It isn’t just the conditions on our planet that are worrying, the loss of biodiversity and climate change to name but two. It is the conditions within humanity. I am not talking just about corruption or greed, but rather the oppositional nature of so much interaction. This leads to distrust of folk in other ‘camps’ whatever they may be, ‘othering’ them and wanting to convert them or bar them, sometimes leading to hatred and death threats. Wanting to win.
This demonstration of competition and extreme tribalism has been attributed to our nature, that we too operate on survival of the fittest. However biologists now recognise that this has not been the dominant strategy in the evolution of our life forms. Cooperation, not competition, gives the greatest advantage in evolutionary survival and advancement. Can we change our modus operandi so that in our decision making at all levels we are seeking to work co-operatively with each other and with the planet? Can we make our daily dance a dance of life?
Where the birds sing
Up at the dawn of the dawning, the yawning of the day. It is a sallying forth to come down here as the mornings sharpen and darken. The heat and light in the house hold me womb-like and the garden is strange territory. But here I am, in commonality with the trees and leaves, in community. We all sit with sleep in our systems, the warmth or cool of night in our blood, the slowness of it still heavy in our bodies, responding to the call of the day. Come and creep over us, around us, through us. Come and awaken with verb instead of noun, come and light our fires, stoke our boilers, prepare us for living and breathing and choosing.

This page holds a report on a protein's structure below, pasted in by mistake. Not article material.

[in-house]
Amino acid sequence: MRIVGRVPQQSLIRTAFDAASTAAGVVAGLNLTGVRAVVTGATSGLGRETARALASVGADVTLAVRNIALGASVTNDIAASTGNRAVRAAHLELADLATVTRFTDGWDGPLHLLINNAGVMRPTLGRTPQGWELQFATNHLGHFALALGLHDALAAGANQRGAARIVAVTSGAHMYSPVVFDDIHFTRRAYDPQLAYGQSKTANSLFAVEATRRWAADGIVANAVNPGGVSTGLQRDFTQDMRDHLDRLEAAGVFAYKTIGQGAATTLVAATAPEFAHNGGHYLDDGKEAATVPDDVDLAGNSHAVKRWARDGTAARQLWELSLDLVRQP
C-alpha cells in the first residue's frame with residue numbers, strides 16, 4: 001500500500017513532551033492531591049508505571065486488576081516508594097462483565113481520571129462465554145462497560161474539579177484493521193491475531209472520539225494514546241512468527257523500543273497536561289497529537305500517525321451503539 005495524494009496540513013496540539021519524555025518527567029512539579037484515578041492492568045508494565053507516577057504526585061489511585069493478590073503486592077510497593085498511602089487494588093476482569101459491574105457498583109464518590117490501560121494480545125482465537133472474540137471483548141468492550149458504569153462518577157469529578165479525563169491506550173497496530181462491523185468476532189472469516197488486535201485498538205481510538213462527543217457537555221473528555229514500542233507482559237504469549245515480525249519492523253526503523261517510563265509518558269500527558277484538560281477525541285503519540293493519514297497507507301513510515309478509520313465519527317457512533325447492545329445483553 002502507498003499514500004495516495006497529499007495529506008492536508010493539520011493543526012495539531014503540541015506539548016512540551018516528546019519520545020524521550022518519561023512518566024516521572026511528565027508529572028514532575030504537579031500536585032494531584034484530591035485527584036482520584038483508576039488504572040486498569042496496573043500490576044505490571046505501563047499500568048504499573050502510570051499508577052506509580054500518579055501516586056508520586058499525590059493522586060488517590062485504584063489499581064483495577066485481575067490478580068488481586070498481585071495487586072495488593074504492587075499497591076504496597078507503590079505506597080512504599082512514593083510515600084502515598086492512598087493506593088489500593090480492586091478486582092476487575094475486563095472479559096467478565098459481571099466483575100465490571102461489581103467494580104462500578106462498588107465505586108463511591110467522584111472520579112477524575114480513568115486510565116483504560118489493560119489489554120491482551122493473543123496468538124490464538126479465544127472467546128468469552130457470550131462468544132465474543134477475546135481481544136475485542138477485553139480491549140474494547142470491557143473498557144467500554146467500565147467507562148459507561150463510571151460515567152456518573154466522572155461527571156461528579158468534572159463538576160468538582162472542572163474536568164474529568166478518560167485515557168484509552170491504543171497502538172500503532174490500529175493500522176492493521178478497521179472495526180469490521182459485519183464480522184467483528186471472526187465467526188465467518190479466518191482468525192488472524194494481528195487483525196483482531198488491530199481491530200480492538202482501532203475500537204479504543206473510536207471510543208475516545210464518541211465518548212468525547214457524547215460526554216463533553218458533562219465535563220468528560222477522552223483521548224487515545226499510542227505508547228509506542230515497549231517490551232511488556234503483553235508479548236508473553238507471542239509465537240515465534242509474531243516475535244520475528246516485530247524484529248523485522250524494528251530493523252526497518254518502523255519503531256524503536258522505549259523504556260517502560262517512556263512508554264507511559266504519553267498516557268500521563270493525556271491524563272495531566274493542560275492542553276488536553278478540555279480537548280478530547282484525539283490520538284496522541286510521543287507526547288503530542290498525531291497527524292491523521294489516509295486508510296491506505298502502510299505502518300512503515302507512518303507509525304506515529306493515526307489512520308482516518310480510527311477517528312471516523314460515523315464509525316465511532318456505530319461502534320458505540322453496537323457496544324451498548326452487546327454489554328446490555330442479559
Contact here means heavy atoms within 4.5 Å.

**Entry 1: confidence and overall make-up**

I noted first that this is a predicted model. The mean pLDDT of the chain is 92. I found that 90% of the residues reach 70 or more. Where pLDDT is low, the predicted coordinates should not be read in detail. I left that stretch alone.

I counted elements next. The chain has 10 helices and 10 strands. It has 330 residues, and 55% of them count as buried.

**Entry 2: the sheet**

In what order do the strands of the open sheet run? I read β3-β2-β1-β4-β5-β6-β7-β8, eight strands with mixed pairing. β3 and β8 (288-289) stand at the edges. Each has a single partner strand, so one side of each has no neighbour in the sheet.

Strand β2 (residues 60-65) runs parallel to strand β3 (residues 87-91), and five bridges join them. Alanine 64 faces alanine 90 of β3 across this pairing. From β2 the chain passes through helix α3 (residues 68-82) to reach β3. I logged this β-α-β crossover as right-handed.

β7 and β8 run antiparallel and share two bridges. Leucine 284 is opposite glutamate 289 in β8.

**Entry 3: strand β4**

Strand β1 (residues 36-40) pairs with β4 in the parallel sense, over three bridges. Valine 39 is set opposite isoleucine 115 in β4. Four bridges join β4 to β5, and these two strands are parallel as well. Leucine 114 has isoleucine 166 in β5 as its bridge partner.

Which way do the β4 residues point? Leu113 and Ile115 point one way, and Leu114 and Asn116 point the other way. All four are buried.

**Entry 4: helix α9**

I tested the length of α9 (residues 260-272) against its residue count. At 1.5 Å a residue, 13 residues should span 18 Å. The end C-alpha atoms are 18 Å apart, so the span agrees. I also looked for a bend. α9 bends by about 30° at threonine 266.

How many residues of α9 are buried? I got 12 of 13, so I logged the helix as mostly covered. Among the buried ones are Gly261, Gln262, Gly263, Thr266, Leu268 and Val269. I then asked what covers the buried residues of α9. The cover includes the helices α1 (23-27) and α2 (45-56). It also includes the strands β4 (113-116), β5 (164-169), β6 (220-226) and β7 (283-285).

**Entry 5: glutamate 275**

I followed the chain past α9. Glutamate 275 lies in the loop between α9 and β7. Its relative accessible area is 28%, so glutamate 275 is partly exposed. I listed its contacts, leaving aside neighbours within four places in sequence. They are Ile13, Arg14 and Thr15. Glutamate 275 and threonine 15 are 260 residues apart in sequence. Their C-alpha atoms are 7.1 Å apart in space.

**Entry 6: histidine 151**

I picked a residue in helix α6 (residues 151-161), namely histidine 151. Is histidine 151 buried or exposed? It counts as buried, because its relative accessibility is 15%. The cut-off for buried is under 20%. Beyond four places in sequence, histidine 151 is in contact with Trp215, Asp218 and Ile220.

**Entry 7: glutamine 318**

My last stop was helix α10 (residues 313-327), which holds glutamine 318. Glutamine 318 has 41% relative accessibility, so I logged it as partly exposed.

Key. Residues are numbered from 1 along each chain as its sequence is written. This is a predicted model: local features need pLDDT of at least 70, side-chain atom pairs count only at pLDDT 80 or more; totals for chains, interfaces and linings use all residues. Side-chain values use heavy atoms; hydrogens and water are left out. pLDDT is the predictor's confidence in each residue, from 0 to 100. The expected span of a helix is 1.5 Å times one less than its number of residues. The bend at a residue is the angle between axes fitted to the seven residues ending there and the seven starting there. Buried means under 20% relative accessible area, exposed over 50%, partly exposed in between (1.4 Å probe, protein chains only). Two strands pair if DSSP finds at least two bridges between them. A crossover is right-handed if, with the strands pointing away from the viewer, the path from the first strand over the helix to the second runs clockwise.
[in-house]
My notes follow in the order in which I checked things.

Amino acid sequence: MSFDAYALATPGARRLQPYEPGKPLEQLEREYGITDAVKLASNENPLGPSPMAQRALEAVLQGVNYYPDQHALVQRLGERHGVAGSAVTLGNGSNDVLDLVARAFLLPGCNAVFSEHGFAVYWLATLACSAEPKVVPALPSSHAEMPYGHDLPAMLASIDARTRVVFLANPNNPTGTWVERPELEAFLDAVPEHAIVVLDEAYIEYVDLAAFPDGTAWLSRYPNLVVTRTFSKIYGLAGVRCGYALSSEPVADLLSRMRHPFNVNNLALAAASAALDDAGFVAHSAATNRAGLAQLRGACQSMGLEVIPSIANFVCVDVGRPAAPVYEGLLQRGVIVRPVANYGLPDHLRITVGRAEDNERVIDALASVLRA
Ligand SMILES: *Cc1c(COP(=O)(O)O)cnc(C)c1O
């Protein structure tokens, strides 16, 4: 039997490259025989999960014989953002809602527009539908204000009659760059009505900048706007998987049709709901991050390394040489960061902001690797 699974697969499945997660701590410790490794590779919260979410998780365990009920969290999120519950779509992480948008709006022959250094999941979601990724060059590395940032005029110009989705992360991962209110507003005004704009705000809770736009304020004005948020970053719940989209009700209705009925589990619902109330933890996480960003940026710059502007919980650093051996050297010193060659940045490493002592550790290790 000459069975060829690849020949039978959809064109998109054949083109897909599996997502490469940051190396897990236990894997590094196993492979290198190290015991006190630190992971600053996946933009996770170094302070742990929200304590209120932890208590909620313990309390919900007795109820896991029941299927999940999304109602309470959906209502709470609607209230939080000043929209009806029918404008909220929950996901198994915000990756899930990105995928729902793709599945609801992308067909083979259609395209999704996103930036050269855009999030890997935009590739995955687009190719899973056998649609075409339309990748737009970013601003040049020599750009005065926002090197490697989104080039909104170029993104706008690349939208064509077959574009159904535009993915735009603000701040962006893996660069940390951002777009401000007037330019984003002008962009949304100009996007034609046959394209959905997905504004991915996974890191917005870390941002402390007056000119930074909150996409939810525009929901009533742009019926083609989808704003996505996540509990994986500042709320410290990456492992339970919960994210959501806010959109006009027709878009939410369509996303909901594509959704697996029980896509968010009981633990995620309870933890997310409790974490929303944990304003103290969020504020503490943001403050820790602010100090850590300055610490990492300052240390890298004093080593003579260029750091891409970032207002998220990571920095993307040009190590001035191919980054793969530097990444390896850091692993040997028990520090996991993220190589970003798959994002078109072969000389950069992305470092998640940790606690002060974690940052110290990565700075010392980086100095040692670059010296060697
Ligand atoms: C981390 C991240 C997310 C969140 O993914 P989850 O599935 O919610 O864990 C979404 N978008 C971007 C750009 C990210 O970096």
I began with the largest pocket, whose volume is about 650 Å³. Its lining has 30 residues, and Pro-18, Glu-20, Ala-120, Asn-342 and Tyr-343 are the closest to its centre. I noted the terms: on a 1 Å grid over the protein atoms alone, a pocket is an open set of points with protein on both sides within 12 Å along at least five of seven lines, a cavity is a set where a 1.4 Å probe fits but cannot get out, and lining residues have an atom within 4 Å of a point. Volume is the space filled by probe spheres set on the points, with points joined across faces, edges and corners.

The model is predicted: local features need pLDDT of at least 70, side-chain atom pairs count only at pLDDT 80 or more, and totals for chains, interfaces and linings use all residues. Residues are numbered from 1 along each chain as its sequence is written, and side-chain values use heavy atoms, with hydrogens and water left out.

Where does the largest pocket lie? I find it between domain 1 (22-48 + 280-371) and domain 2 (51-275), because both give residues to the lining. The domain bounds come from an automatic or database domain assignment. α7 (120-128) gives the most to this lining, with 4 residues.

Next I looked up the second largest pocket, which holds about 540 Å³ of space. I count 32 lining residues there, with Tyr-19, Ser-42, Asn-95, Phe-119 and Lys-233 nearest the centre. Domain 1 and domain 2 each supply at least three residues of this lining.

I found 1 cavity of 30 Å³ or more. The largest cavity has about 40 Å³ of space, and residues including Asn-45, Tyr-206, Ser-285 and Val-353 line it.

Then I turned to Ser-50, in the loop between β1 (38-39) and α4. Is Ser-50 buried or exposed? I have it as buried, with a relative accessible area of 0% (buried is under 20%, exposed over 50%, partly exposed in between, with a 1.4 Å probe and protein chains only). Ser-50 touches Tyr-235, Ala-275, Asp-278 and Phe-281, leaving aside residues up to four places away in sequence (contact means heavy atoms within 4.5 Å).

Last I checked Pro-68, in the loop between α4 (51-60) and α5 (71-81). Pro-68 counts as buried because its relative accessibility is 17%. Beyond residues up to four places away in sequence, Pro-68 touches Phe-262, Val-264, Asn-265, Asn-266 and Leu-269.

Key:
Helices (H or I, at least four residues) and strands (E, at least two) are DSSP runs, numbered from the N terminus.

The birds are awake before me, they sing gently while the leaves switch on. I am in a cage of quiet with birdsong as the bars. I am solid, I am seated. The rain should be coming later, can they feel it? Does it send a message in the air riding before it? Here is a breeze, sneaking in from the west, pouring gently through the oak tree in soft susurrations of sound, then swaying the ash and apple boughs that line its path before it reaches my right cheek with a cool stroke.
Apples have fallen in the night, full and replete, red and round, submitting at last to the love of gravity, lying as offerings to the new season. The rose leaves at the top of the trellis are catching the light, the new day, and holding it on their plate, offering it shining to the rest of us. It is such a big thing yet it weighs light as gloss, glancing off the leaves in an orchestra of silence.